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Restructuring Past Edifices


Subbiah Ganapathy

RELIGION, TRADITION, IDEOLOGY: PRE-COLONIAL SOUTH INDIA
By R. Champakalakshmi
Oxford Collected Essays , Oxford University Press, New Delhi
, 2011, pp. 643, Rs. 1450.00

VOLUME XXXVI NUMBER 7 July 2012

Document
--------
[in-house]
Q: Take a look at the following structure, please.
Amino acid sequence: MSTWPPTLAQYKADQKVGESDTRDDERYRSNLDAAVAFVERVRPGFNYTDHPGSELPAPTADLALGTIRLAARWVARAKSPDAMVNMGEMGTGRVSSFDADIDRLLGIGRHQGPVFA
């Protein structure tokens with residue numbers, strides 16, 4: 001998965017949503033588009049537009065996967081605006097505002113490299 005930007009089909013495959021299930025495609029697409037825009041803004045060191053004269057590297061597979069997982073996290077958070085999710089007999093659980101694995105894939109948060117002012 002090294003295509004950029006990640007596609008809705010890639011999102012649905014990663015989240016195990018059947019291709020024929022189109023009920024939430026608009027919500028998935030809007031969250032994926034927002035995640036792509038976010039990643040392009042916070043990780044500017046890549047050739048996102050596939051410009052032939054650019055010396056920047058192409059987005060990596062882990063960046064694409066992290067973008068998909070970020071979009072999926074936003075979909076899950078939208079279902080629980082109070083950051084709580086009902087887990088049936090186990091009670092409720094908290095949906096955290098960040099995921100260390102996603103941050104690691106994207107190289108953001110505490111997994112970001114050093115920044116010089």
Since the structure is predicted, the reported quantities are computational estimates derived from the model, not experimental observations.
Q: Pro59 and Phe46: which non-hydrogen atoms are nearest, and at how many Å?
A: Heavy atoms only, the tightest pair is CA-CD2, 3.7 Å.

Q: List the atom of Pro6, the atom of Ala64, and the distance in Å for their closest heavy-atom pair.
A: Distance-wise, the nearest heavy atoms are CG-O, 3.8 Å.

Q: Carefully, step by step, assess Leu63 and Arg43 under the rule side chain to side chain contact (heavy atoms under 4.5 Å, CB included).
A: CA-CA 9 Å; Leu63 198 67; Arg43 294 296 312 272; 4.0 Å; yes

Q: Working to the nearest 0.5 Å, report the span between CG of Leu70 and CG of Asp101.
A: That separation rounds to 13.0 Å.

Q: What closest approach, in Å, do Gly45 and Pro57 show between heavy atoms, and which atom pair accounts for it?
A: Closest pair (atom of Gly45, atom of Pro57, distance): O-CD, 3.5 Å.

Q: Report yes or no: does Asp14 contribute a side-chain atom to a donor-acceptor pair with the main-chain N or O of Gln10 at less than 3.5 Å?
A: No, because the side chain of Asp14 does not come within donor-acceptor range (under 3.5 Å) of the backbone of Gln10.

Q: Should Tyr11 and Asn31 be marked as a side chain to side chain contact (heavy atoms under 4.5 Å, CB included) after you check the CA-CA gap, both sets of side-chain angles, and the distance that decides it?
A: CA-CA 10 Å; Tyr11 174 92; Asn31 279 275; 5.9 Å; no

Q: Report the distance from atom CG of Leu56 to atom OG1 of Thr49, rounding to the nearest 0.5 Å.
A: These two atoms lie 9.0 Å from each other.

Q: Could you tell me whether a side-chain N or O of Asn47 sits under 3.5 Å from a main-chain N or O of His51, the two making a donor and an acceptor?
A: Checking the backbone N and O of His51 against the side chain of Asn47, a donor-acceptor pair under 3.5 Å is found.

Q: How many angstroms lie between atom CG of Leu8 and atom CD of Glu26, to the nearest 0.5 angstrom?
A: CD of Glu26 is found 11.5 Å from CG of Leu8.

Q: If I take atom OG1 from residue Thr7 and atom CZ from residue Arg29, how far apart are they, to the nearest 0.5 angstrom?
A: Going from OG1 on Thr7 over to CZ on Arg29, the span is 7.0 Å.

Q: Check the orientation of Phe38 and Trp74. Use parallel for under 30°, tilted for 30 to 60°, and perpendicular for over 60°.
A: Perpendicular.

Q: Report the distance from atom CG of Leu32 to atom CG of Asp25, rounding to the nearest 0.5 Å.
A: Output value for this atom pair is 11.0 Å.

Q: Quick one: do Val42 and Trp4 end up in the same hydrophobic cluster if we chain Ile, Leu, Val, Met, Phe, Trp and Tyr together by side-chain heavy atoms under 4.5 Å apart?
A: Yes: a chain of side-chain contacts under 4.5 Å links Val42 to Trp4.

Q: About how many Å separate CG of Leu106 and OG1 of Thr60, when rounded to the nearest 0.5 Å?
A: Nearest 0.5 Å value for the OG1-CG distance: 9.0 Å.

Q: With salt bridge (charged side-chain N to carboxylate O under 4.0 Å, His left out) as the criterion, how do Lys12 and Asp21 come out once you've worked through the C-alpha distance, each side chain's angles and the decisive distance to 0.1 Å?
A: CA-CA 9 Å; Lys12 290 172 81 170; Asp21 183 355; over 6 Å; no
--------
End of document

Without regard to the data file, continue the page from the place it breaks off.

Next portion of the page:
The decades following the Independence of India witnessed the study of early Indian history taking significant strides in more than one direction and thereby adding new and fresh dimensions in the realm of Indian historiography. In the last quarter of the last century, the study of the early history of the southern part of peninsular India—the dravidadesa i.e., the land lying south of the river Krsna, in particular—was brought under special focus by historians. Oddly, however, most of the leading historians, if not all, who were responsible for taking the study in new directions in this context were not ‘native’ scholars, but those who came from other parts of our country and even from countries outside the subcontinent. How and why did this exceptional situation emerge? There are in fact quite a few important reasons behind it and one of those was the progressive decline of interest in historical study and research in the second half of the twentieth century in the departments of higher learning in nearly all the universities in the southern States. In order to make degrees in the discipline of history consequential and attractive to the fast emerging and ruthlessly competitive employment market, some of the established institutions of higher learning, in the closing decades of the last century, promptly tacked their departments of History with market oriented labels such as ‘Tourism and Travel Management’, ‘Heritage Management’ and so on (‘Management’ is the buzz word here) or, simply allowed their departments to incarnate themselves as department of ‘Applied’ History. This long introductory remark may appear to some irrelevant; but it is, in my view, a necessary prelude to situate the book under review in its proper context and to understand and appreciate its importance in south Indian historiography. To start with, the most striking feature of the volume is the span of time and the number of areas covered by the articles included in it. The articles cover the history of nearly two millennia in south Indian history with particular focus on the Tamil speaking region. A decade and a half back, Oxford University Press, had brought out a volume titled, Trade, Ideology and Urbanization: South India 300 BC to 1300 AD that contained eight long articles written by the same author at various points of time in her long and illustrious career. The present volume is a collection of nineteen long essays written and ...


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